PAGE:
In this, the month for celebrating Gay Pride, our subject is Chuck Krugman, who has created a successful life for himself here in the Valley despite three conditions that, to many, would be difficult barriers here: he is gay, he is blind and he is a dyed-in-the-wool Democrat.
If you frequent downtown and the Tower, you likely have seen Chuck riding the bus or, white cane in hand, negotiating major thoroughfares on foot. You, like me, may have been impressed by his obvious independence and determination. But (unable to make eye contact for obvious reasons and misjudging him on the basis of his informal dress) I was not expecting what became immediately obvious as we began to converse: Chuck’s intelligence, knowledgeability and professionalism.
Chuck, I find out, is a trained social worker and paralegal who works with a raft of organizations. These include the Fresno Stonewall Democrats, the Fresno County Democratic Central Committee, Mental Health America/Central Valley, the Greater Fresno Chapter of the Federation of the Blind and the Central Valley Alliance of Atheists and Skeptics. In addition to volunteer work, he often serves as a paid consultant in his areas of professional expertise. But in all cases, he picks his involvements where, as he says, he feels he can “empower individuals to activism and reach diverse populations with unmet needs.”
Chuck grew up in Michigan, with parents who instilled in him liberal politics and the importance of activism. “I experienced early on how my mother advocated to have me mainstreamed in school despite my blindness. And my parents gave me both the tools and the expectation to deal with limitations matter-of-factly. You do what you need to do.” Thus, he was taught Braille in his earliest years at a school for the blind, by 4th grade was able to work in a regular classroom environment and by 6th grade was enrolled in a mainstream school.
Very much his own person, as a teen Chuck realized that his parents were becoming politically conservative as they gained some affluence, whereas he was not, and he understood early on that he was gay in an environment that might not welcome that circumstance. Taking these realizations in stride, in what I suspect is a characteristic matter-of-fact way, Chuck moved away from home and attended the University of Michigan. He reports that being gay has not been an issue for him—just another situation requiring extra work to deal with. After finishing his degree program, Chuck found work in Modesto and then moved to Fresno where he has relatives. Here he has, step-by-step, built his network of friends, work and associates.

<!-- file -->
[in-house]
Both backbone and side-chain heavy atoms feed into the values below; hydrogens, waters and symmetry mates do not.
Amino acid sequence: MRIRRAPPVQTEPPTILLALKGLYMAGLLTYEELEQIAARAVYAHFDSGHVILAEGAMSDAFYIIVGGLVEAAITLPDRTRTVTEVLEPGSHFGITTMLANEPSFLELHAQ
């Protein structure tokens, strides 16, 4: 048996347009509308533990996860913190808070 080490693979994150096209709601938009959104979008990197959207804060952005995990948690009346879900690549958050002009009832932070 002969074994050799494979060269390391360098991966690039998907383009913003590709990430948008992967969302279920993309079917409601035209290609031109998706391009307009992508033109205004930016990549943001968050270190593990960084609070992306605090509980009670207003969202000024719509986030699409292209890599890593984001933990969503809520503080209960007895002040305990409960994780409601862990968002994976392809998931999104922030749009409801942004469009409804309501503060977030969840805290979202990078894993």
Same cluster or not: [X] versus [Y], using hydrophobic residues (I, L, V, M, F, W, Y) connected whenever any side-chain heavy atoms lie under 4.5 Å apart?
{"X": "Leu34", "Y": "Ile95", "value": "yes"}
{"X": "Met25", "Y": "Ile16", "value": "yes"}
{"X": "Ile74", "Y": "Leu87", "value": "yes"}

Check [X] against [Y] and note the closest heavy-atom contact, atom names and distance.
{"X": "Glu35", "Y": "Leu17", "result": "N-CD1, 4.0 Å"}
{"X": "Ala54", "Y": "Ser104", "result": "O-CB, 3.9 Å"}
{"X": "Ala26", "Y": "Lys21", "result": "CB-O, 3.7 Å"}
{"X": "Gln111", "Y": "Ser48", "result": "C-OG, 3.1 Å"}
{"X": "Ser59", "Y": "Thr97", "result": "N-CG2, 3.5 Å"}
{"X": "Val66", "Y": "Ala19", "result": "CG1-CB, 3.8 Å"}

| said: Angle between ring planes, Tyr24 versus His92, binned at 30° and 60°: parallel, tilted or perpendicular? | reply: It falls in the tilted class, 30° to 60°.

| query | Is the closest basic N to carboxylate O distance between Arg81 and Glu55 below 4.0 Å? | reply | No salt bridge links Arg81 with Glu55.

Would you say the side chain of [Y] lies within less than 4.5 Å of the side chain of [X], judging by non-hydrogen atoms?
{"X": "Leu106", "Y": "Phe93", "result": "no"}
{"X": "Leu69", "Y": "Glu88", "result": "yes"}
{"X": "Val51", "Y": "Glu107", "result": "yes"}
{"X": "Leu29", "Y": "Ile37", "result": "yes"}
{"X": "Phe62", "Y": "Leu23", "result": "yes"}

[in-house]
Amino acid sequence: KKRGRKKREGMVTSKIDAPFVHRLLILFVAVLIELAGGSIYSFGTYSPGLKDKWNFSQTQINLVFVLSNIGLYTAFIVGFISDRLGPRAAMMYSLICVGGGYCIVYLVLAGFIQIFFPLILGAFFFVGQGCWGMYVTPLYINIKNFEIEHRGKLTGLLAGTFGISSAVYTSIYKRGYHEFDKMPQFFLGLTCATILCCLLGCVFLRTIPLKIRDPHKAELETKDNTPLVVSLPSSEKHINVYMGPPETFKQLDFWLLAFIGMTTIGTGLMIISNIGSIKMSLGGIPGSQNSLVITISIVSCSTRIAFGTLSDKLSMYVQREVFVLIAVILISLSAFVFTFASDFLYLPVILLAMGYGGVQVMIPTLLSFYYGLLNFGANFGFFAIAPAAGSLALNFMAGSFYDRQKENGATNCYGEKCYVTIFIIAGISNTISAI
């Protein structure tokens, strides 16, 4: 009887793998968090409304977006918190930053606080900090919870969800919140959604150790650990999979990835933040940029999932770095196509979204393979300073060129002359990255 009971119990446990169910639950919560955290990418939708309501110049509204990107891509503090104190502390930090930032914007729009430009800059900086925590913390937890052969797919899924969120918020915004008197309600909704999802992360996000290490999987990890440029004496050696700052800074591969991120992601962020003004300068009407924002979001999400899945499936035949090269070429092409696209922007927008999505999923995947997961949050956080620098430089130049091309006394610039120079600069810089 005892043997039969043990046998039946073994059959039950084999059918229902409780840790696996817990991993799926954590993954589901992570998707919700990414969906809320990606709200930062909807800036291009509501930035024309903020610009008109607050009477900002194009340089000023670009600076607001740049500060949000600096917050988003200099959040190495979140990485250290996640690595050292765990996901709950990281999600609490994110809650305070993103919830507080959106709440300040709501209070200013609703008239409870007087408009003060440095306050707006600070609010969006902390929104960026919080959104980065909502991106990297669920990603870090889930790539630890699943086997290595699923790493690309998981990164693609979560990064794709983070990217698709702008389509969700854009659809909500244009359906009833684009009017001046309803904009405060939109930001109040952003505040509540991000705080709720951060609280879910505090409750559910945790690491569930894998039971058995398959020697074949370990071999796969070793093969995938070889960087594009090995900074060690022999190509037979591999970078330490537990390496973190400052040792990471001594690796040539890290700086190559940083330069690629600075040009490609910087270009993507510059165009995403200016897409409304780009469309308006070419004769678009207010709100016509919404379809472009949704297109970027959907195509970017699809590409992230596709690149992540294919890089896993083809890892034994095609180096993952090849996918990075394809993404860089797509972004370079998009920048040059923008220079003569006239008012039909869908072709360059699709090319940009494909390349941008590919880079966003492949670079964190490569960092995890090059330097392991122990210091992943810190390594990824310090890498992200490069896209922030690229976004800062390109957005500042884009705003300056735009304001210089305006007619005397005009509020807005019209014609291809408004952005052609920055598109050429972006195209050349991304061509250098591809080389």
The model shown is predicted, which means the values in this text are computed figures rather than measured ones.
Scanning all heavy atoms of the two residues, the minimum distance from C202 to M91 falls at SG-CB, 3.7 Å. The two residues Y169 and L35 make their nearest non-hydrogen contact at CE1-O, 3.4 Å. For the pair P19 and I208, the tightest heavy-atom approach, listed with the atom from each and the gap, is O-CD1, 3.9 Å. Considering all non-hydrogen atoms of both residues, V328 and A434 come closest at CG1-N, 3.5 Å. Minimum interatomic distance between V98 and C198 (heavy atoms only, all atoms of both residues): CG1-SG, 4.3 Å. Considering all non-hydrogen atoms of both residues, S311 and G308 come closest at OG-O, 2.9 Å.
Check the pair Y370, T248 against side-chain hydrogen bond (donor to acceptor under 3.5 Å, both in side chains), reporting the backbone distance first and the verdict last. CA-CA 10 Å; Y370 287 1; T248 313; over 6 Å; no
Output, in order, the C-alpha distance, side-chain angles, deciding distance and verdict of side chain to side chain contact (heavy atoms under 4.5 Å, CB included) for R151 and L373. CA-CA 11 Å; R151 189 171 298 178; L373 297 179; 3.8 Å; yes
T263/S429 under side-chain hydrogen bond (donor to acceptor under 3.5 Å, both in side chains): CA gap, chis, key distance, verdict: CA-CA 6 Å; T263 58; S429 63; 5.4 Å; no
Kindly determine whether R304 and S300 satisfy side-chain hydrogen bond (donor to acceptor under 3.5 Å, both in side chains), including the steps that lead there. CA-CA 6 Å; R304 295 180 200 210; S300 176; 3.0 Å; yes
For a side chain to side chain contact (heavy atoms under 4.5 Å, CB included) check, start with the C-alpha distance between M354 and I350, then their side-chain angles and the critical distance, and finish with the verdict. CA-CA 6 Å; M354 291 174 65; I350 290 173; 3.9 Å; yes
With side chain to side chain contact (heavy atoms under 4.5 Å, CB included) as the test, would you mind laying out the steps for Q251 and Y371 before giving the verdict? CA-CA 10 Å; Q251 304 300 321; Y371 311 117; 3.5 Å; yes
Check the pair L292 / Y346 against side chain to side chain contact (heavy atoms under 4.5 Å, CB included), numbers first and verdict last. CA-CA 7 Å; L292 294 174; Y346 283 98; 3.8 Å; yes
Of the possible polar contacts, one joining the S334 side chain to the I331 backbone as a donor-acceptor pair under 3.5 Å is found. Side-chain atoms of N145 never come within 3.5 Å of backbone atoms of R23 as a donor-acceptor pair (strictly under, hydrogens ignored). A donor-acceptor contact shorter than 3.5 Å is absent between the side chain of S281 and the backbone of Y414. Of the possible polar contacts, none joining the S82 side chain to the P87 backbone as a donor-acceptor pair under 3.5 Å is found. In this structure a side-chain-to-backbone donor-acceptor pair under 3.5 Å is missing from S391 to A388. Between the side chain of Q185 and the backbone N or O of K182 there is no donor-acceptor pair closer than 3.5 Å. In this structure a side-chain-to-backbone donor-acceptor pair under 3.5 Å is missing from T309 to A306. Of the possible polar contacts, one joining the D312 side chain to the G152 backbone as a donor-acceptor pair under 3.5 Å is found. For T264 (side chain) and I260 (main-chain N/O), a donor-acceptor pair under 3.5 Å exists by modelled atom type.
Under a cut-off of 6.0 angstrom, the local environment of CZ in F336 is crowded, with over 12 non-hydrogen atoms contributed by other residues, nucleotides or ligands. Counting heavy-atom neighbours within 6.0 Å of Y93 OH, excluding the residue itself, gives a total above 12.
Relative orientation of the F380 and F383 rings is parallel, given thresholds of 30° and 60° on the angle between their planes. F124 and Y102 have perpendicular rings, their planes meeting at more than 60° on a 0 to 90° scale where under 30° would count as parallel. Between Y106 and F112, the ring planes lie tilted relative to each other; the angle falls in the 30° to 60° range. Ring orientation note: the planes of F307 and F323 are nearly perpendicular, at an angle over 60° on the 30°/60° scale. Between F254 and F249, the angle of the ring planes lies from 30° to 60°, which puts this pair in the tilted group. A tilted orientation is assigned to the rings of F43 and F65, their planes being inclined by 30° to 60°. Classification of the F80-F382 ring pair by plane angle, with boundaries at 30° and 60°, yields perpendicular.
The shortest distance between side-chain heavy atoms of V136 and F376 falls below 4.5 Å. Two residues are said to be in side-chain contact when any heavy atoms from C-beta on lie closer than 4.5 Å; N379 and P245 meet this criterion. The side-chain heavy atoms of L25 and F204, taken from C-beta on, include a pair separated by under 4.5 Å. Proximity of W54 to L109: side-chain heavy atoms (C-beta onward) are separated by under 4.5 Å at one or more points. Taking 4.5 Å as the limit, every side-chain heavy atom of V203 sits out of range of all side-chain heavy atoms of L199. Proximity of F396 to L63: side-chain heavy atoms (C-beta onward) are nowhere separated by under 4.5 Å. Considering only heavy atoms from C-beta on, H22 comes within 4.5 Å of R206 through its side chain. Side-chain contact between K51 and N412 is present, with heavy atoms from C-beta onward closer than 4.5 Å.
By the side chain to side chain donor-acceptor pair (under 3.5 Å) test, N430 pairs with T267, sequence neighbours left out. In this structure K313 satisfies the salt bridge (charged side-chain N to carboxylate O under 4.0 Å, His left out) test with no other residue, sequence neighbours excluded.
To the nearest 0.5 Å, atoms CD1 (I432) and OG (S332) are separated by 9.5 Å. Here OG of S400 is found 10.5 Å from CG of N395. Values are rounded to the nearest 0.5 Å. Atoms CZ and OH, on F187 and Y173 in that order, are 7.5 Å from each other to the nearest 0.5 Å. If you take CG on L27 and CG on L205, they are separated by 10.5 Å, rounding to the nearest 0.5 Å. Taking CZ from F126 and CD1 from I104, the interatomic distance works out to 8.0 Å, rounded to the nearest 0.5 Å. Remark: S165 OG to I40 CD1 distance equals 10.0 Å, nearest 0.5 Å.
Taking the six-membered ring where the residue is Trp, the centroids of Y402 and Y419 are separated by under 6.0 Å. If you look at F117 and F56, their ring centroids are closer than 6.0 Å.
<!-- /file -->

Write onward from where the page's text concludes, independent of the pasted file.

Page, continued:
During his years in Fresno, Chuck says, he has seen a greater level of acceptance for diversity—from greater trust in the abilities of those with disabilities to more social acceptance of the LGBT community and more acceptance of differences of all kinds within the LGBT community. He expresses wariness, though, of the erosion of the separation of church and state as evidenced in the still-unresolved cases of Don’t Ask, Don’t Tell and Prop 8 (which, he says, his legal friends fully expect will have to go to the Supreme Court).
To readers, he counsels, “Get past disillusionment with what Obama hasn’t done. Remember that change comes slowly. We need to keep working, to stay pragmatic and focused on what we are able to achieve.”
Chuck has built a life by practicing what he preaches—by accepting the facts of his life as given and working toward his goals with intelligence and perseverance. He is, for example, very thankful for the technology that allows him to use computers, but he is clear that lack of technology is not an excuse if the desired result can be reached with more effort.
Seeing Chuck in action, and hearing the measured confidence in his words, I’ll take his advice to heart. Chuck can be reached at 559-266-9237, or firstname.lastname@example.org.
Name: Chuck Krugman
Birthplace: Chicago, Illinois; raised in Grand Rapids, Michigan
Ethnic identity: Caucasian (shaped by a Jewish heritage of social activism toward “healing the world”)
Religious identity: Atheist
Political identity: Democrat
Most frequented areas: Downtown and the Tower (but anywhere accessible by public transportation)
Inspirations: Teachers and job supervisors who gave encouragement and instruction
Motto: Tell it like it is
Nonpolitical activities: Taking care of spoiled cats
Unexpected pleasures: Computer technology, country/western music
Added thought: “I want my activities to exemplify that good work is possible without religion.”